Iker Muniain: The long journey of a man labelled the Spanish Messi
It was late in March of 2008 when it first became clear that two young players in particular were standing out to Athletic Bilbao coach Joaquín Caparrós.
In a training match against Amurrio, a small team who share the Basque region as their home, 15-year-old Iker Muniain and 14-year-old Jonás Ramalho were selected in the starting line-up.
The youngsters turned out alongside the likes of Aritz Aduriz and fan favourite Carlos Gurpegi, who featured in midfield with his two-year doping ban due to end within the next couple of months. Muniain started at No.10 behind Aduriz, who scored twice before half-time, when Muniain was replaced.
He was given another friendly start the following month, once again alongside Gurpegi and Aduriz, though the latter would soon be sold to RCD Mallorca.
Athletic started slow, going behind against Portugalete in the 13th minute, but Muniain netted an equaliser just after the break to help turn the tide. He was living up to his burgeoning reputation as a youngster to keep a close eye on.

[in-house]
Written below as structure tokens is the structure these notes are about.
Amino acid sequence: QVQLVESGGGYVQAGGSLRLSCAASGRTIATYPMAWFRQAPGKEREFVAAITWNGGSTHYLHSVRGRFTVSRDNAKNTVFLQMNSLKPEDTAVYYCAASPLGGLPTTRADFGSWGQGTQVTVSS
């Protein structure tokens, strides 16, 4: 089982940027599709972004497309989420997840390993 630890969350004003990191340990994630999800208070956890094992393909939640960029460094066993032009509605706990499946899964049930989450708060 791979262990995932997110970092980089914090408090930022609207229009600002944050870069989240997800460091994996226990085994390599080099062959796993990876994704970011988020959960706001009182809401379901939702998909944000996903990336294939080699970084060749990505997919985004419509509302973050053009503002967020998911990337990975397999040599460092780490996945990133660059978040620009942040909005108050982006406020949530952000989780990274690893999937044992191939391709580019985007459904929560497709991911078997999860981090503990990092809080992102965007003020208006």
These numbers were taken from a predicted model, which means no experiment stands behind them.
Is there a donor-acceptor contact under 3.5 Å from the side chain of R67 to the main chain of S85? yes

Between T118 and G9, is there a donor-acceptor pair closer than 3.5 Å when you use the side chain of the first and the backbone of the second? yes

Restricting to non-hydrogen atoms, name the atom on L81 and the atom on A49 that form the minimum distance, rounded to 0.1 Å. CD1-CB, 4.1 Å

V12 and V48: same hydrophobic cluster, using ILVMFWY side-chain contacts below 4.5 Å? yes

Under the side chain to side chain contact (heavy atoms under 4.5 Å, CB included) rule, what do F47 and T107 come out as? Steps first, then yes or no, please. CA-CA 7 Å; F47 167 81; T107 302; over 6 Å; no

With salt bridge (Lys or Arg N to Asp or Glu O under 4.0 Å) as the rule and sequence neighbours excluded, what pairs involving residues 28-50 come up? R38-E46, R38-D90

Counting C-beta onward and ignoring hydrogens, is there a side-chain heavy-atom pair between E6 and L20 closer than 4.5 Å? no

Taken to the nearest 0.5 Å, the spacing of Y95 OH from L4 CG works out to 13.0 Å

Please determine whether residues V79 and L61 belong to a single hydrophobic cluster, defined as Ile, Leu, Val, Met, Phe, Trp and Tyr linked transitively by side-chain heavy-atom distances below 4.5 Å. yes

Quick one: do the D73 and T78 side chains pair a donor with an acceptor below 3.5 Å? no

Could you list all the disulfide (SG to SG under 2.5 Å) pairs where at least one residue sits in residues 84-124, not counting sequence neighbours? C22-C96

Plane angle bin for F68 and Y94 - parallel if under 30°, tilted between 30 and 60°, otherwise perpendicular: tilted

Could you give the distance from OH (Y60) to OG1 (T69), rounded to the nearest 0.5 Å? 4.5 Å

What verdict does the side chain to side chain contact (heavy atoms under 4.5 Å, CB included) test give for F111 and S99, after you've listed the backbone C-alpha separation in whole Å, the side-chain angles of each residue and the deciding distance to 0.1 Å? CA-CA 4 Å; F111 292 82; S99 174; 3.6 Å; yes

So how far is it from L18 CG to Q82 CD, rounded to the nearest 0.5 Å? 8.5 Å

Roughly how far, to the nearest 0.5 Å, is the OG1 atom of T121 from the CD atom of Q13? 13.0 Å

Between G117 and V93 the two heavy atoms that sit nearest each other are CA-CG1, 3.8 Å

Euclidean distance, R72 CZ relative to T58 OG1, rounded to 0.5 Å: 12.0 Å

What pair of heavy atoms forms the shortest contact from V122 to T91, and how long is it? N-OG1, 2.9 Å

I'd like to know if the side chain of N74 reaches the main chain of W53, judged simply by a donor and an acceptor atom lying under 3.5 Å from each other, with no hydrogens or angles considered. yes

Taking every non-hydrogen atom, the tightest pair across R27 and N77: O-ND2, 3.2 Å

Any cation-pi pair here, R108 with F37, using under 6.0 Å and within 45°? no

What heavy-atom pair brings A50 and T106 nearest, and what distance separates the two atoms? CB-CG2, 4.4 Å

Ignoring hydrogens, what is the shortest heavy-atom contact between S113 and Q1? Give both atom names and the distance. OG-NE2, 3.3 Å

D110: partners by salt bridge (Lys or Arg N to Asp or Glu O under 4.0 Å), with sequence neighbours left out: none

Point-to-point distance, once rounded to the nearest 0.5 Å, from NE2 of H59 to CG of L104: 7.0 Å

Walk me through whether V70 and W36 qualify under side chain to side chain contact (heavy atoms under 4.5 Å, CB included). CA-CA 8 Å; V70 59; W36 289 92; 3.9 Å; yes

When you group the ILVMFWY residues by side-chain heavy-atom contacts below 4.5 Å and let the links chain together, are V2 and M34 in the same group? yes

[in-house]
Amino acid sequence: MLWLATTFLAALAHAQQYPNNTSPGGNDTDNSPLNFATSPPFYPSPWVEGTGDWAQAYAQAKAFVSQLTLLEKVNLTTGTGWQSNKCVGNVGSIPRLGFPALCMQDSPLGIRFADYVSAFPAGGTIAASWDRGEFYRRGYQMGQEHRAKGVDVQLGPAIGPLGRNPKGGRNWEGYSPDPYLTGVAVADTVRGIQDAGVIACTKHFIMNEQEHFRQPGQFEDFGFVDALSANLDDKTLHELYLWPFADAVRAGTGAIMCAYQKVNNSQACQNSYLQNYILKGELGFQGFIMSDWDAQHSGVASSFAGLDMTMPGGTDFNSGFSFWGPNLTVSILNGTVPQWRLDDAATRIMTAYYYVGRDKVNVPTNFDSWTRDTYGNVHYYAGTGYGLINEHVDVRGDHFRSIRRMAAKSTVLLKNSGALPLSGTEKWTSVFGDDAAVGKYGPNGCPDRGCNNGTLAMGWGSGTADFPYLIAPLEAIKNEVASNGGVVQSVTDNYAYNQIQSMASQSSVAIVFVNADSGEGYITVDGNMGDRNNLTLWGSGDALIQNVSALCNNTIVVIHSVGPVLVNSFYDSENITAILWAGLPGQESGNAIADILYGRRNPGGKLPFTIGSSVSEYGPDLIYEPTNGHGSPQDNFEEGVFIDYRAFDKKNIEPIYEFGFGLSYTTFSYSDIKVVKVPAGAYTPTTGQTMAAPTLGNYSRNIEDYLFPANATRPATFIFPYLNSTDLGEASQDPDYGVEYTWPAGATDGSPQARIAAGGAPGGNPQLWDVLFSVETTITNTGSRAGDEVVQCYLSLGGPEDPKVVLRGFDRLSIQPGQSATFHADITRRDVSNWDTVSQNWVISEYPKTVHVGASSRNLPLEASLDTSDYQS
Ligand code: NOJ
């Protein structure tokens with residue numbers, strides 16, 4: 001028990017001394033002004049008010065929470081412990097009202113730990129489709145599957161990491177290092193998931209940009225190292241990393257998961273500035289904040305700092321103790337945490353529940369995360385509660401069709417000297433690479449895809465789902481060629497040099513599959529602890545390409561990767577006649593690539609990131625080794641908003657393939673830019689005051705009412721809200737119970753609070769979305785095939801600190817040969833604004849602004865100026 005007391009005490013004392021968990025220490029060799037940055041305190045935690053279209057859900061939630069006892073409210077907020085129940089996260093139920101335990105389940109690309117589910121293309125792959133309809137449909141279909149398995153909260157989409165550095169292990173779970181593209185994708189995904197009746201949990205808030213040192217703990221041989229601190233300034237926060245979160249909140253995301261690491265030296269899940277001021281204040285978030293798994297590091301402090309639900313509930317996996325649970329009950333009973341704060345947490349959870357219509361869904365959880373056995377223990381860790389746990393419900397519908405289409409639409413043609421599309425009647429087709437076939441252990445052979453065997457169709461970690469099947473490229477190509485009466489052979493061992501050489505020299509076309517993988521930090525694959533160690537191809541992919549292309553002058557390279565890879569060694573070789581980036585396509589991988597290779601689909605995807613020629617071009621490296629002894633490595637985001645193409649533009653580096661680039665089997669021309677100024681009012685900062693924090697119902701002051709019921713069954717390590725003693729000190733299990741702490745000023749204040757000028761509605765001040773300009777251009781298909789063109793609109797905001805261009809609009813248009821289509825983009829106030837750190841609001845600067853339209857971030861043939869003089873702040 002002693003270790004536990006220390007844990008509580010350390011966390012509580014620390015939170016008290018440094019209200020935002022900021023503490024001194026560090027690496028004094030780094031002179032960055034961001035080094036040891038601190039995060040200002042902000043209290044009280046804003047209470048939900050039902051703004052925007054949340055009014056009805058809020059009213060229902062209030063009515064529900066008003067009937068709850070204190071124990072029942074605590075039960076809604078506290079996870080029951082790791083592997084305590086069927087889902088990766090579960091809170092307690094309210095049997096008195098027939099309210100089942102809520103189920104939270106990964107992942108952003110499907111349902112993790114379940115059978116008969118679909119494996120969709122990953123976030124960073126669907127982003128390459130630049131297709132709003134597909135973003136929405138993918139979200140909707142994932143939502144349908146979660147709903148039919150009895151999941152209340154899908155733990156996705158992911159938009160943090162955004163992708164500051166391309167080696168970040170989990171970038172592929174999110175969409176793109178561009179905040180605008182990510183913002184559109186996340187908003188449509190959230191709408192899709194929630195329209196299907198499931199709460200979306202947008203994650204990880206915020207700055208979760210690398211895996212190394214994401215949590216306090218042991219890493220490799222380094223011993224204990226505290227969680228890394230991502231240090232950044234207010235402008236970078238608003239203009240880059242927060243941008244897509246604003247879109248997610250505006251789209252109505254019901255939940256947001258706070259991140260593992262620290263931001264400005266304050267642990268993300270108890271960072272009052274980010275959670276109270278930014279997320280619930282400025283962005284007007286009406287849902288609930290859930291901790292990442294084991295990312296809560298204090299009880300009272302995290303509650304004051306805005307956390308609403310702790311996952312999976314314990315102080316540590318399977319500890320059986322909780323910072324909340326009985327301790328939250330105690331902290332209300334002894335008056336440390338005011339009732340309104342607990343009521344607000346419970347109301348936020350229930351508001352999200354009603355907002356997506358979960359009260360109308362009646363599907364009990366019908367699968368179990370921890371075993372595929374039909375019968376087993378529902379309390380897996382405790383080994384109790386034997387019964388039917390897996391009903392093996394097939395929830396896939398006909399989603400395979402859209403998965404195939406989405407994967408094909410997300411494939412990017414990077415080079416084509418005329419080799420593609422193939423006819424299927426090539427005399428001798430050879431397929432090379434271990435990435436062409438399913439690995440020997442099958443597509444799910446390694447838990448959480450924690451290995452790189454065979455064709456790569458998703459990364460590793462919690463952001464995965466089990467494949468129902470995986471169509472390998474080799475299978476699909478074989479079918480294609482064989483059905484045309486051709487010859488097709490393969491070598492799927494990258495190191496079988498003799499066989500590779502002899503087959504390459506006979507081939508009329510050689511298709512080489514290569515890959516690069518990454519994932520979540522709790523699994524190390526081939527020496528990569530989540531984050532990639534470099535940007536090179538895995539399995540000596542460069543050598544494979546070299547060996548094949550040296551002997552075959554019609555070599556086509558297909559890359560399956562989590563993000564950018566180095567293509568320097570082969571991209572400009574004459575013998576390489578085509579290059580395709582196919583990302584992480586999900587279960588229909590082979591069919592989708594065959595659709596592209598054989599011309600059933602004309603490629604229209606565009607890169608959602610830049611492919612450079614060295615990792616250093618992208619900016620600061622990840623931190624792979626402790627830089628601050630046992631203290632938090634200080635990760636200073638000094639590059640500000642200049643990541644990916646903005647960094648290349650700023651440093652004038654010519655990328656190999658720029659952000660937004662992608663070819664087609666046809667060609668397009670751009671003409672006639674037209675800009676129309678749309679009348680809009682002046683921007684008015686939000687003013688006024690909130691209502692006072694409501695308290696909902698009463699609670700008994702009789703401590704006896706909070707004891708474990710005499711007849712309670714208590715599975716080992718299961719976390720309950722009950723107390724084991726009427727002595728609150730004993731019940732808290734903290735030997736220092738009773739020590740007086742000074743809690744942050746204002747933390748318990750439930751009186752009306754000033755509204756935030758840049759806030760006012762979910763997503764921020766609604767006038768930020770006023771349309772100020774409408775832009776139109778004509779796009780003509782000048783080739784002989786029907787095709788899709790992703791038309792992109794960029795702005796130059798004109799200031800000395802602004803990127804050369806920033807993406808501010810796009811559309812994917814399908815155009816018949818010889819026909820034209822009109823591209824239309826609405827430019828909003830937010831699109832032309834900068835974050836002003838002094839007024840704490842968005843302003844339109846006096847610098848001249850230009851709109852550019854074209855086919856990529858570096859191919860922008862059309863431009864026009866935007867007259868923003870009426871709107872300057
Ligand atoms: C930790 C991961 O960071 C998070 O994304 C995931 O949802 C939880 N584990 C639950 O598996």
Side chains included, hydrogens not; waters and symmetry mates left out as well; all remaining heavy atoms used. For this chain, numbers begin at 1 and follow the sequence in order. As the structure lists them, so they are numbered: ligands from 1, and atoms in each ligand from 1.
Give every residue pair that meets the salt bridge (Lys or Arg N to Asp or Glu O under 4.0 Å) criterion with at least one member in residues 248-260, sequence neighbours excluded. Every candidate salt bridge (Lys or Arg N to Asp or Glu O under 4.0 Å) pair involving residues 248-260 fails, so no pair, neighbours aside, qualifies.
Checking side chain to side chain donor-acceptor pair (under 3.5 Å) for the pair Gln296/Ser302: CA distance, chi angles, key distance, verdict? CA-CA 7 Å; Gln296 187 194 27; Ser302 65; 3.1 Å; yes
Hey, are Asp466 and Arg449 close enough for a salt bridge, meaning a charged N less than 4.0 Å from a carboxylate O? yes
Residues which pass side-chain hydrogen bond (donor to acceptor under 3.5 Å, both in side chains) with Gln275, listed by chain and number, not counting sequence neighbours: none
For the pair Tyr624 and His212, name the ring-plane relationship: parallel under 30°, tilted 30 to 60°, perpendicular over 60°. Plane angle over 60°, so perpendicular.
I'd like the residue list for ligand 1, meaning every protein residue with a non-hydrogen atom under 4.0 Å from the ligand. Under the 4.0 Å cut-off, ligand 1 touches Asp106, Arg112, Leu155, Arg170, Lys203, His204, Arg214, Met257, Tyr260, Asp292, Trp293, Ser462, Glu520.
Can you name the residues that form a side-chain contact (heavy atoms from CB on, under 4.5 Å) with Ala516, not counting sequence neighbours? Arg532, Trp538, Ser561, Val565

The spotlight however, for now, would be on Gurpegi, who completed the comeback in the game and made his own comeback to first-team action late in April with his ban expired.
He knew who he could expect to be join him in the first-team dressing room before long.
“From below, there are a lot of players forcing themselves up, lads like Iturraspe, Muniain, Ismáel López and many others,” Gurpegi told Mundo Deportivo.
Ander Iturraspe and Ismá López were 19 years old and well known, but of the dozens of other players Gurpegi had trained and played alongside over the last two years, Muniain had caught his eye most.
Fortunately for Muniain and other youngsters at Lezama, the club’s self-imposed policy of using Basque-only personnel often leads to much quicker opportunities. The club’s mantra is: ‘Con cantera y afición, no hace falta importación.’ Or, in English: ‘With home-grown talent and local support, you don’t need foreigners.’